The Commissioner’s top tip for resolving conflict is simply to listen…

By Tam Baillie, Children and Young People's Commissioner Scotland


Christmas is undeniably a special time of year, inevitably linked with visions of happy families and festive gatherings. Having worked in accommodation for young homeless people, I know that the longing for togetherness can be particularly intense.

The season is alive with the kind of magical thinking that convinces people to seek out the promise of happier times and return to a family home hoping to find a sense of belonging and acceptance they feared was lost. Invitations are given in good faith, young people and their families are genuinely looking for a special time, a reunion and even hopes of a permanent return home. But beneath the decorations, all too often old behaviours and arguments re-emerge increased by huge and often unrealistic expectations.

Consequently, the sense of failure can be even greater if a young person feels they must once more walk away. I have witnessed the sense of hopelessness for young people, following yet another breakdown with their families.   Homelessness affects thousands of young people in Scotland each year and homeless applications from young people increase in January until March. Mediation services are also noticeably busier at the turn of the year, but at least this demonstrates that people seek out help to resolve problems and there are many dedicated support services which provide an incomparable support when young people feel in crisis.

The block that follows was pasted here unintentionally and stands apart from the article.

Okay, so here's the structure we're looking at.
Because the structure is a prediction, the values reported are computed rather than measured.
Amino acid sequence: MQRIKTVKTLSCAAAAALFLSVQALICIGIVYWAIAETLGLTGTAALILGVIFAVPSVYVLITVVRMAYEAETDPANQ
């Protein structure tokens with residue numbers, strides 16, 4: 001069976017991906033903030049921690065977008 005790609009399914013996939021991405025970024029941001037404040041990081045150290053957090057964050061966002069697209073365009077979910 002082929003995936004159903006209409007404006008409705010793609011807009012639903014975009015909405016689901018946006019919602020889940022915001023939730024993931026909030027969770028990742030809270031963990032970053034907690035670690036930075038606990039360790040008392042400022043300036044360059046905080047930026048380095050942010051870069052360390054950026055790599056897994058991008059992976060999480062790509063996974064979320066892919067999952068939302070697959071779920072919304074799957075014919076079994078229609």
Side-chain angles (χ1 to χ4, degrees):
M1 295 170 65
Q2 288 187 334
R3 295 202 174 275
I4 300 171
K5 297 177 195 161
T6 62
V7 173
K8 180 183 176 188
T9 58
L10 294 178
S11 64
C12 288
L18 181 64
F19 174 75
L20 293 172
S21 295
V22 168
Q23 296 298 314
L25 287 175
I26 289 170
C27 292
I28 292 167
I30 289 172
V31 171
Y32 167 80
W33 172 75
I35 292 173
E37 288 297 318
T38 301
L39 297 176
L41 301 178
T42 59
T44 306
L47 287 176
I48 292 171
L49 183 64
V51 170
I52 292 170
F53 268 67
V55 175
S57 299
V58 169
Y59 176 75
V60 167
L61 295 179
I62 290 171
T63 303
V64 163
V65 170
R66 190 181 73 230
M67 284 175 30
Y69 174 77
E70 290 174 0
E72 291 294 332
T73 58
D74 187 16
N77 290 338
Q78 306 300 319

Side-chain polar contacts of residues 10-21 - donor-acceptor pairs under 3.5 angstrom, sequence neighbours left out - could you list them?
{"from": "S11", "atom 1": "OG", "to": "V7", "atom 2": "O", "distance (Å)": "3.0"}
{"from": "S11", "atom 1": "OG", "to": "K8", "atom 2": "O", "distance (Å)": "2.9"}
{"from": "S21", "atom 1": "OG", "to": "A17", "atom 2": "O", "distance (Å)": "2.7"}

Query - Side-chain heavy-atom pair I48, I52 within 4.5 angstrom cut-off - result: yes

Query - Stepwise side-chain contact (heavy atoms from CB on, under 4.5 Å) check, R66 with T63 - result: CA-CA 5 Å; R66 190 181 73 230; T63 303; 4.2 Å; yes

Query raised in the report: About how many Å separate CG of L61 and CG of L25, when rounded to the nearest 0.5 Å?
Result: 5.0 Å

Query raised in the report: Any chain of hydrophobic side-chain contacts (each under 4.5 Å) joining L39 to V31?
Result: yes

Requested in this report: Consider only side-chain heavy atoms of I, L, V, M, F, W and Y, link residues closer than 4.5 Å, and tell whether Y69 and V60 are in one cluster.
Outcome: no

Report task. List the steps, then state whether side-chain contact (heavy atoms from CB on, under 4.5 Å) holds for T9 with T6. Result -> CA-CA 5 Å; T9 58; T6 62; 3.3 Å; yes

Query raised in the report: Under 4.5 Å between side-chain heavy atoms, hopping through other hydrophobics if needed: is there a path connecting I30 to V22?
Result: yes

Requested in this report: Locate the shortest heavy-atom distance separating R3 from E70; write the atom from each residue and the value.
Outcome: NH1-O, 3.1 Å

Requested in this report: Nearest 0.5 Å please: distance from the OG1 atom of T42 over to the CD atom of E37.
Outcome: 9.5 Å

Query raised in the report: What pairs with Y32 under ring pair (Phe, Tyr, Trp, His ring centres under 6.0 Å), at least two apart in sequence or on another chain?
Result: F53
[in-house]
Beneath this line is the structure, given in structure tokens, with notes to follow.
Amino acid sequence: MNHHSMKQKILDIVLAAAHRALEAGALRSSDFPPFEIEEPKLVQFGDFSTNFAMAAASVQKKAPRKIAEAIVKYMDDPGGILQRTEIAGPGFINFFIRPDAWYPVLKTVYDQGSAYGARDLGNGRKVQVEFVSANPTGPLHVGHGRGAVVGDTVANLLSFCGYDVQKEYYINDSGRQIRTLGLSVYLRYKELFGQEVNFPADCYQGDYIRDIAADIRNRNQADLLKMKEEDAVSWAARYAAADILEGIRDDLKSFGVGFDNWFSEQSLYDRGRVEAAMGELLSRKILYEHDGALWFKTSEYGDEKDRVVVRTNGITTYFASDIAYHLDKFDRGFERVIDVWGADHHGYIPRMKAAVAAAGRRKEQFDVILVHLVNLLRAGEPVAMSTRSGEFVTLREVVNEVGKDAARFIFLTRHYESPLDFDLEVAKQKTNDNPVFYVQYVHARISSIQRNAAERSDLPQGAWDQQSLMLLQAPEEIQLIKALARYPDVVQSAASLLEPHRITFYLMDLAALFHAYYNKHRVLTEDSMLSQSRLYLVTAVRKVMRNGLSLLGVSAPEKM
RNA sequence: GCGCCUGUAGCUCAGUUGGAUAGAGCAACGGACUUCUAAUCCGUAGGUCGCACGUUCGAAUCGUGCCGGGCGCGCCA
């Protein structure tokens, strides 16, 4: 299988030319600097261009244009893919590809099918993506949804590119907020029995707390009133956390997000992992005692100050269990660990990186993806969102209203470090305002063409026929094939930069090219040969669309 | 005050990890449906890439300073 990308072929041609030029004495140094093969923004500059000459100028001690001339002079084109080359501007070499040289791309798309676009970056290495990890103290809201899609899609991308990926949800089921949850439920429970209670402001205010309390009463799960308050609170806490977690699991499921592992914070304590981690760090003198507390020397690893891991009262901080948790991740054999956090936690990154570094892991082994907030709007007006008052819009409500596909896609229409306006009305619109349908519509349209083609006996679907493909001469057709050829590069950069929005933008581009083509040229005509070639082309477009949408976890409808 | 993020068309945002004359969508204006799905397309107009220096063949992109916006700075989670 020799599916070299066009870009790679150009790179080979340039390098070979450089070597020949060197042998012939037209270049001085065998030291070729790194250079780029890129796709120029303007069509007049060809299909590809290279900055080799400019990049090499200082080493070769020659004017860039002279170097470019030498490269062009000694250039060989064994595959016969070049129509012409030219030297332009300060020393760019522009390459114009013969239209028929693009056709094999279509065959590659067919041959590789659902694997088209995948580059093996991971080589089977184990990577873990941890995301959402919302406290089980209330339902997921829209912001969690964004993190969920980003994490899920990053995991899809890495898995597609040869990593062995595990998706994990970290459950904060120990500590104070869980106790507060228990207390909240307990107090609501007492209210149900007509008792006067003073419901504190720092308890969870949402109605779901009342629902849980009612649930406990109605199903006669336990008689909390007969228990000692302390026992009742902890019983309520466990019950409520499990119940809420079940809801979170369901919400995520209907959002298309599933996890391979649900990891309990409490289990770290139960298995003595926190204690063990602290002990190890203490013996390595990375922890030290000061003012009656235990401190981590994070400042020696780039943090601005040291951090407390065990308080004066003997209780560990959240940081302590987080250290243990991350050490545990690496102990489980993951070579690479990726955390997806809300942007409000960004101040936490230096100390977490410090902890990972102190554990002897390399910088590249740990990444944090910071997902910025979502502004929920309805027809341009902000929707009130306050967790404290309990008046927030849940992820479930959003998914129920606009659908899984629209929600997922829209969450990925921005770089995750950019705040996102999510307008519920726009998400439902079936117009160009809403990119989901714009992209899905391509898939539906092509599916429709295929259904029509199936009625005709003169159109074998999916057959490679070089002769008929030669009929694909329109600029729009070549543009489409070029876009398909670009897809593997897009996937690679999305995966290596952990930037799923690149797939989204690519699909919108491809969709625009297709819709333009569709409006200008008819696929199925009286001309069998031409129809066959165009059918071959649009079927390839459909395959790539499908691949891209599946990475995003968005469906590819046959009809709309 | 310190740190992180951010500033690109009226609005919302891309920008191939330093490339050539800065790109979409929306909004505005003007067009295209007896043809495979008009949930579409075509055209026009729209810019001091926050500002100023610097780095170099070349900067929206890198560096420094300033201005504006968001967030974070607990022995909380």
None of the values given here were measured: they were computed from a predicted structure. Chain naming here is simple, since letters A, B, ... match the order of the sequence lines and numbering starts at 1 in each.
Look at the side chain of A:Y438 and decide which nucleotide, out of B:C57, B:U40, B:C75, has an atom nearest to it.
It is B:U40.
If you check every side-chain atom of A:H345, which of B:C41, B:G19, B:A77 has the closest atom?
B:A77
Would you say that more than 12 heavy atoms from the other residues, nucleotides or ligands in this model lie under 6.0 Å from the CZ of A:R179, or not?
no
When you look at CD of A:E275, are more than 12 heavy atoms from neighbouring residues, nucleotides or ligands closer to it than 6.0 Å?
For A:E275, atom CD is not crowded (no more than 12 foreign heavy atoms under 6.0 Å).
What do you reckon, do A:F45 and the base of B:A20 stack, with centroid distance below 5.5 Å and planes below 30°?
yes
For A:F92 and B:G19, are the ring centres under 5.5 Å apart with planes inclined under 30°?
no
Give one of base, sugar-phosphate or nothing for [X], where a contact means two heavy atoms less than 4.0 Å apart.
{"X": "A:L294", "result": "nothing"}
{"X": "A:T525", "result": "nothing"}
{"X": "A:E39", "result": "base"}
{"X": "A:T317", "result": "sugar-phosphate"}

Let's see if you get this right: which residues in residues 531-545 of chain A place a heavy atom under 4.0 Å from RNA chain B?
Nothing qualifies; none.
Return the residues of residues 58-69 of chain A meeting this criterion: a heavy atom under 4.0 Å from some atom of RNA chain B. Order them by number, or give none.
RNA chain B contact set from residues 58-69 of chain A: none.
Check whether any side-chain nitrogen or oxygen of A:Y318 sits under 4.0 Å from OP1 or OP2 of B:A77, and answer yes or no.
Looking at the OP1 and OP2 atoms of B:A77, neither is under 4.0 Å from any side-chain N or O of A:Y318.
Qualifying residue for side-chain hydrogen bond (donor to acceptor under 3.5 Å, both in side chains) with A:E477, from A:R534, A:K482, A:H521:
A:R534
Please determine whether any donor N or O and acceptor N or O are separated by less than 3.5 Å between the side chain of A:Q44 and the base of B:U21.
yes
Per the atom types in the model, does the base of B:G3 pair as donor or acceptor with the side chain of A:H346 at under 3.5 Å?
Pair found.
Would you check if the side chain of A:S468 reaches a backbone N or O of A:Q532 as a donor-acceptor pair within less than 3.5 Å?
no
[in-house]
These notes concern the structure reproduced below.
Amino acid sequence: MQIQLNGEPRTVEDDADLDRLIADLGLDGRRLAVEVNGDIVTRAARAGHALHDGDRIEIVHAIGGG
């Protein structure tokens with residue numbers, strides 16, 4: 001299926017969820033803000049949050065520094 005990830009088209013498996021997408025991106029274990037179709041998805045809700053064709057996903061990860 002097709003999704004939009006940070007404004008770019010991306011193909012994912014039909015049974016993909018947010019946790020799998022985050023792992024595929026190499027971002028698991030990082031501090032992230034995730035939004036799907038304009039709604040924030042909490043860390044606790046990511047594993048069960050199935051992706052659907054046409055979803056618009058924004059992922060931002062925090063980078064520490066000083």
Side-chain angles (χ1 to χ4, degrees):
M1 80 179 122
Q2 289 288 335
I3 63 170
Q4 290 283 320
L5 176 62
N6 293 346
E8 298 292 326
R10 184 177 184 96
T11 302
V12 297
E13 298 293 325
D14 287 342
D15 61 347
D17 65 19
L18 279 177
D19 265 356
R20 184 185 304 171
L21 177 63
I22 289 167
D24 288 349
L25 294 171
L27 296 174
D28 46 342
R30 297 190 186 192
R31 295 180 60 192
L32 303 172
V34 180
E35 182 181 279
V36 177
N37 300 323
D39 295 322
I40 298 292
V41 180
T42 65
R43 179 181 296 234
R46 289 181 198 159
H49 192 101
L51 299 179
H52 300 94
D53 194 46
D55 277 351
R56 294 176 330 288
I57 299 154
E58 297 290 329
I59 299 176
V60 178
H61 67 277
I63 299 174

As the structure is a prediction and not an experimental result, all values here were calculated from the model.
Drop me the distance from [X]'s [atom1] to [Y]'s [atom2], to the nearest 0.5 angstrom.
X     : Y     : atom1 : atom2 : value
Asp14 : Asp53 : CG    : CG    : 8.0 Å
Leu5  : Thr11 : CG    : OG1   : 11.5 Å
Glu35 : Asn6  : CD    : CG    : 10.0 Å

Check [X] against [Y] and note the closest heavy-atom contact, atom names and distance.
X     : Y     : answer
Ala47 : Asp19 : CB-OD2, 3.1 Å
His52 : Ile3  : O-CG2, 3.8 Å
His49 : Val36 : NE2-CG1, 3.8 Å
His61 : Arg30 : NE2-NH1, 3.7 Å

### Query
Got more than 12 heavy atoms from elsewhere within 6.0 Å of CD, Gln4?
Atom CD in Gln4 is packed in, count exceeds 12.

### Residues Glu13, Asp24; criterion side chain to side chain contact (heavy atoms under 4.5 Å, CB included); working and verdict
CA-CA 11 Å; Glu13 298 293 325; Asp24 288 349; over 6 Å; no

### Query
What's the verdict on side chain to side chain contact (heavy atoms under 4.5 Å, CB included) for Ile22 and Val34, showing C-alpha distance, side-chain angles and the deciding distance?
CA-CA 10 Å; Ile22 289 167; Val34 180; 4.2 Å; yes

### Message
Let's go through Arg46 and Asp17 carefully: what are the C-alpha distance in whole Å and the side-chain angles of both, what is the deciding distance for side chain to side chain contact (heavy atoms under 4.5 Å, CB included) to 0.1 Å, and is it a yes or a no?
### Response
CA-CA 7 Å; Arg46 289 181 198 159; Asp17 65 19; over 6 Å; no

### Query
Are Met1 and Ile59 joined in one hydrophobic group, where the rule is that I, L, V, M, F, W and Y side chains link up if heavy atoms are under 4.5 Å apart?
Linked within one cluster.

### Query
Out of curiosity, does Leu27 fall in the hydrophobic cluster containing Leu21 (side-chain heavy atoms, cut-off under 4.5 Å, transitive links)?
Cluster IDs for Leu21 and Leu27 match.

Finding a way through the fraught emotions of Christmas is part of the message from the Scottish Centre for Conflict Resolution’s #stoptalklisten campaign. It encourages people to name what causes conflict in their families and what they do to overcome it, and it shows what seemingly small irritations can erupt into much greater flare-ups. For example, who does the washing up, or staying up late when others want to sleep can be flashpoints for some. Yet for all the many ways that fights can begin, there are some simple ways to move back to peace. Stop. Talk. Listen. These are three very simple instructions that might help some families this year to truly have a happy Christmas.

Tam Baillie, Children and Young People's Commissioner Scotland

Before becoming Commissioner for Children and Young People in 2009, Tam Baillie worked with children and young people for 30 years, including young offenders, those in and leaving care and young homeless people. He was also Director of Policy for Barnardo’s Scotland from 2003 focusing on children’s policy and rights issues.

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